Writing in the Wall Street Journal this week, Michael Phillips revealed that the U.S. government authorized Veterans Affairs (VA) physicians to lobotomize at least 1,930 mentally ill veterans during and after World War II.
For the investigation, the Journal unearthed memos, letters, and government reports from the National Archives. It found that the VA lobotomized 1,930 veterans between April 1947 and September 1950 at 50 VA hospitals across the country. The lobotomies were performed on former servicemen that the VA had "diagnosed as depressives, psychotics, and schizophrenics, and occasionally […] people identified as homosexuals."
According to a National Research Council study from 1955, 1.2 million active-duty soldiers were admitted to hospitals during the war for psychiatric and neurological problems. By comparison, 680,000 were admitted for battle injuries.
Elliot Valenstein, a VA psychiatrist from this period, says, "You couldn't help but have the feeling that the medical community was impotent at that point." Valenstein adds that physicians "were prone to try anything" when presented with a hospital ward full of veterans haunted by flashbacks and nightmares. Moreover, newspapers and magazines often portrayed the procedure as a miracle cure for the mentally ill. Some parents even begged VA physicians to perform them on their troubled sons, Phillips writes.
In a memo from a VA assistant administrator to the agency in 1943, the operation is touted as "of value in eliminating apprehension, anxiety, depression and compulsions and obsessions with a marked emotional content."
When Phillips asked the VA about the procedures, the agency replied that it possessed no records on the surgeries, but acknowledged in a statement that the "procedure became available to severely ill patients who had not improved with other treatments…[but] the procedure disappeared within VA, and across the United States, as safer and more effective treatments were developed."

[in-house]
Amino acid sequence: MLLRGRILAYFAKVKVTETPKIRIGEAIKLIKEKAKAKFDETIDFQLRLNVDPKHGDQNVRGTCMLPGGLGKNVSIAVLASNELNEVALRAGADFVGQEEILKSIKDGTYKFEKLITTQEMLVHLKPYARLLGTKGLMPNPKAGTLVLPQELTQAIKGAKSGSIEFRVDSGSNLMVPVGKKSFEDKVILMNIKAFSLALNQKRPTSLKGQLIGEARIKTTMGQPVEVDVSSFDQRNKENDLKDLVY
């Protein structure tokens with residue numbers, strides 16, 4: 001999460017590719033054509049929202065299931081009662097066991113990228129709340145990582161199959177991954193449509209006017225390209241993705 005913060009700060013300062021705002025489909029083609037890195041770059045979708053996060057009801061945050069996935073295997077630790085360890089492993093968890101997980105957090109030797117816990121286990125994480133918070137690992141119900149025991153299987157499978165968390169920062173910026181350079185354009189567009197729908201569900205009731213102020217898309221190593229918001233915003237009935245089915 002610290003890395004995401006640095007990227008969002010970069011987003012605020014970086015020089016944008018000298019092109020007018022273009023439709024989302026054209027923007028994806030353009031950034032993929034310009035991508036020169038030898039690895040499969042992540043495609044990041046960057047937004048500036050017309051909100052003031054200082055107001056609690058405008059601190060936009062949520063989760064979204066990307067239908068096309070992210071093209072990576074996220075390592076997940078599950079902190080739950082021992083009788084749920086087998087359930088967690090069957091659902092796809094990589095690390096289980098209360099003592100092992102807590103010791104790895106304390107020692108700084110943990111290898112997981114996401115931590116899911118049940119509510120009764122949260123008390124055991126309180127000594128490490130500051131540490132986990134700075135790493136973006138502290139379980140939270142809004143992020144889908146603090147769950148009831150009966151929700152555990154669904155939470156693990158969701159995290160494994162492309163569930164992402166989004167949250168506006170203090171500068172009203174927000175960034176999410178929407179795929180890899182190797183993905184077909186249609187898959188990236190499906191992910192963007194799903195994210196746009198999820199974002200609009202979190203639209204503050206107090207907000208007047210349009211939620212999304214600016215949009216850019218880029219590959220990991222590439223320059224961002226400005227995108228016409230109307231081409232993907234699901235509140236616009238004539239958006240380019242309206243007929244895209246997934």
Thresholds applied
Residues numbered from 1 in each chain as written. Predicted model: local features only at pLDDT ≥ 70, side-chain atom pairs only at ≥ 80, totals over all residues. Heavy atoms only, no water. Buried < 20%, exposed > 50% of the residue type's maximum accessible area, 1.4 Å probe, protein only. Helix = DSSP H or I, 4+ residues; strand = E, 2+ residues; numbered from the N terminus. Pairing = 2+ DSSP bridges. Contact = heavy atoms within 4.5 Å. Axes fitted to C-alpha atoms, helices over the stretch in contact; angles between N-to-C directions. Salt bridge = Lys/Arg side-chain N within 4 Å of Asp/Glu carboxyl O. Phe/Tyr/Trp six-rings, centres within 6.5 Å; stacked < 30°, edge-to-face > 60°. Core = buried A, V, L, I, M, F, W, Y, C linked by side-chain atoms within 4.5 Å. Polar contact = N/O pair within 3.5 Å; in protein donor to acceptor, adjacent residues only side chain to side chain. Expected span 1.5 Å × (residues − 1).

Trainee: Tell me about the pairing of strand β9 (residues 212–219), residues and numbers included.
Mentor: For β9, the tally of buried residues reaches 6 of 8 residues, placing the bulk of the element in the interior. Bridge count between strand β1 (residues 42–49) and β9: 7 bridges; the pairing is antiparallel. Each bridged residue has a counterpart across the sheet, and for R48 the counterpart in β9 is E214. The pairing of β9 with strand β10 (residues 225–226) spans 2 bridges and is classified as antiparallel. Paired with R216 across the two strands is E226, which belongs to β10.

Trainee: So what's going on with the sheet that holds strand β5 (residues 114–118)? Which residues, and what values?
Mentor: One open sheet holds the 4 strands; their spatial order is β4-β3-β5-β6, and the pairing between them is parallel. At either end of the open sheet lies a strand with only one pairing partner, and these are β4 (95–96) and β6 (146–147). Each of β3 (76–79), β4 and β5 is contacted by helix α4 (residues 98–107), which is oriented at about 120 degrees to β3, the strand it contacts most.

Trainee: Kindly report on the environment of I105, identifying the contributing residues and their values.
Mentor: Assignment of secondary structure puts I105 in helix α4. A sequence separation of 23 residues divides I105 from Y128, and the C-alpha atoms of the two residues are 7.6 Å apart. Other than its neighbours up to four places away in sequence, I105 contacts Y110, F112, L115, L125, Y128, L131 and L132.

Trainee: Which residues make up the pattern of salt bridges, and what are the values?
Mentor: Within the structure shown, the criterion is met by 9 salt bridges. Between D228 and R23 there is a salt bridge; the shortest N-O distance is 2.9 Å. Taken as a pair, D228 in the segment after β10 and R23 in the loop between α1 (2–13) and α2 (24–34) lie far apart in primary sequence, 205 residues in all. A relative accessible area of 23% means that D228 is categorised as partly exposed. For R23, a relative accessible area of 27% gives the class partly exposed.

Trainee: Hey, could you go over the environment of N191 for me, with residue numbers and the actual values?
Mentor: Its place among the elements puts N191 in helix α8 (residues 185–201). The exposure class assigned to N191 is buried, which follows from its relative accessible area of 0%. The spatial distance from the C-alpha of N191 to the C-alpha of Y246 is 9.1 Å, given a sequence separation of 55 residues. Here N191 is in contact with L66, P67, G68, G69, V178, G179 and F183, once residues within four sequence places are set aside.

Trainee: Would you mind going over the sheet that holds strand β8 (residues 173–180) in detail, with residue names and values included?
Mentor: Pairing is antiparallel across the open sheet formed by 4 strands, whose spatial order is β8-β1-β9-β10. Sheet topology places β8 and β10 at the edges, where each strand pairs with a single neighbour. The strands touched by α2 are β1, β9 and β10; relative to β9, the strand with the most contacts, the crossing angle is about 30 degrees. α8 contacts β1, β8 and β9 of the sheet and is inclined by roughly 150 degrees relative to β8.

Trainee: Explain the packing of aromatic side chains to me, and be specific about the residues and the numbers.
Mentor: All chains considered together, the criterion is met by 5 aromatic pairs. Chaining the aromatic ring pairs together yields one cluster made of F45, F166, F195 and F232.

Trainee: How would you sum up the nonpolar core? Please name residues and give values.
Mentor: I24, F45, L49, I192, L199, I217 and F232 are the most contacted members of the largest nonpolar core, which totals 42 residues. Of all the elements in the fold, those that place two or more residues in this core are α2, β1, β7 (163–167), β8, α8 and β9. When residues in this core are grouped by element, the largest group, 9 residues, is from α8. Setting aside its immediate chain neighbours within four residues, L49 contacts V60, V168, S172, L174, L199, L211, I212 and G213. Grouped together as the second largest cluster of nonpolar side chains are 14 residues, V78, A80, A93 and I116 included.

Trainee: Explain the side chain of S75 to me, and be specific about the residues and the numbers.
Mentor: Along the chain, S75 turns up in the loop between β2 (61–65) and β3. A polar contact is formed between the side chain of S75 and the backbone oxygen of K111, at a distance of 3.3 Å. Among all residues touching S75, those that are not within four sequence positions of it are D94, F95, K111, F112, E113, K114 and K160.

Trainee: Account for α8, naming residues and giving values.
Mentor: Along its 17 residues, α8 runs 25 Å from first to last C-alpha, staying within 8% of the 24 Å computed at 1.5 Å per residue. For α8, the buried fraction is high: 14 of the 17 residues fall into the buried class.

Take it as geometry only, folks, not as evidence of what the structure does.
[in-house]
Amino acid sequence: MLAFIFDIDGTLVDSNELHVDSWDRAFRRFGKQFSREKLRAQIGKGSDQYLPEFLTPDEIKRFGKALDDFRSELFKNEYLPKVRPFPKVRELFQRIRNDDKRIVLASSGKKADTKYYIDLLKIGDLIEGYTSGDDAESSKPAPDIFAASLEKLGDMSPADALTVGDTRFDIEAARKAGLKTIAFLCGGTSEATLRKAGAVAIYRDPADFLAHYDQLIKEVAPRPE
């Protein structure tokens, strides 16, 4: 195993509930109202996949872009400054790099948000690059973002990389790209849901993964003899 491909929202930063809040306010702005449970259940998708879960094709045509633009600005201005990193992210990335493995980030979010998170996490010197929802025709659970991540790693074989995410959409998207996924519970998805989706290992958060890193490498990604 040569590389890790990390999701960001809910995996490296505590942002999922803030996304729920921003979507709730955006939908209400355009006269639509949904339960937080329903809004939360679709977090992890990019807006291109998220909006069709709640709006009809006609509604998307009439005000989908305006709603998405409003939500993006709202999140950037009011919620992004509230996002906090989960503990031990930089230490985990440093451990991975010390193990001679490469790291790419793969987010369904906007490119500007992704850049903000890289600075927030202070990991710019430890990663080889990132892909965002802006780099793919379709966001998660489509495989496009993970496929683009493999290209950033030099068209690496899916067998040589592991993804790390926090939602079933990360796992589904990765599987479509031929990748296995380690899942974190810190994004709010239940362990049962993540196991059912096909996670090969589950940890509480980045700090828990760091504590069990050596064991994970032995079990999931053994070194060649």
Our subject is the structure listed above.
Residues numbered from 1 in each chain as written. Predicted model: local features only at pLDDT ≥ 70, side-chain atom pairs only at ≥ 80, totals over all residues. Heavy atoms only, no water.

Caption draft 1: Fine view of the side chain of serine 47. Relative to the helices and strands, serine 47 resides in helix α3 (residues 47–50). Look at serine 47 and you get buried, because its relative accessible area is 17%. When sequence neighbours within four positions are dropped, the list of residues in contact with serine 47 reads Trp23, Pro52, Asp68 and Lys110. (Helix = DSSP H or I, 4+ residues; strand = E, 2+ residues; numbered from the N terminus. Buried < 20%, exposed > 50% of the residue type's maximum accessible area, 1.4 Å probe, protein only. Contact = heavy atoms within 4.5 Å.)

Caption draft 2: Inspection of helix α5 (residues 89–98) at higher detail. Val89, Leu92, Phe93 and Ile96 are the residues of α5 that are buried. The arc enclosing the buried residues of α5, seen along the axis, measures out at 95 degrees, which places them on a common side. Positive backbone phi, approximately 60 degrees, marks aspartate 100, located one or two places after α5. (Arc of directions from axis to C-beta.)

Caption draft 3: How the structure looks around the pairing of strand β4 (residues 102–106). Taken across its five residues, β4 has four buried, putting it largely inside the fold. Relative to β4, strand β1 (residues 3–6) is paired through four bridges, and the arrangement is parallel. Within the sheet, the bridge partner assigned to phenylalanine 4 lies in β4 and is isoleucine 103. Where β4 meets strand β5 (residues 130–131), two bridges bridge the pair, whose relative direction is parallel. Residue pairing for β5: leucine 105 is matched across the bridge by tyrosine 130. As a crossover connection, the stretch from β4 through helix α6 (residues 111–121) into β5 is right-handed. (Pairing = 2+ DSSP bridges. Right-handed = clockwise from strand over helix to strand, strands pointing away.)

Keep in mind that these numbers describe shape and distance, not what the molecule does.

The lobotomies left many unable to care for themselves, with seizures, amnesia, and loss of motor skills. Moreover, some patients died shortly after the procedure.
In his interview with Phillips, one lobotomy survivor, 88-year-old Roman Tritz, describes himself as "mentally injured, not mentally ill." The war veteran recounts the day orderlies forced him to have the lobotomy surgery. Two shallow divots on either side of his skull remain as a reminder of that day, in addition to seizures and delusions.
Tritz's health records reveal that he went into war in good health, experienced "the unrelenting stress of aerial combat," and returned home with imaginary voices in his head and nightmares—possibly symptoms of post-traumatic stress disorder (PTSD).
Following the war he spent eight years as a patient in the VA hospital in Tomah, Wis., where he underwent 28 rounds of electroshock therapy, insulin-induced comas, and finally, a lobotomy.
The doctor who recommended Tritz's lobotomy—then 29-year-old psychologist trainee David Merrell—says he is still troubled by his role. "[I]t was a terrible thing that came out of the psychiatric medical field at the time," Merrell tells Phillips, adding that lobotomies "did allow for control of hospital patients—aggressive, combative patients—without having to hurt them." It was the first—and last—lobotomy that he was involved in (Phillips, Journal, 12/12).
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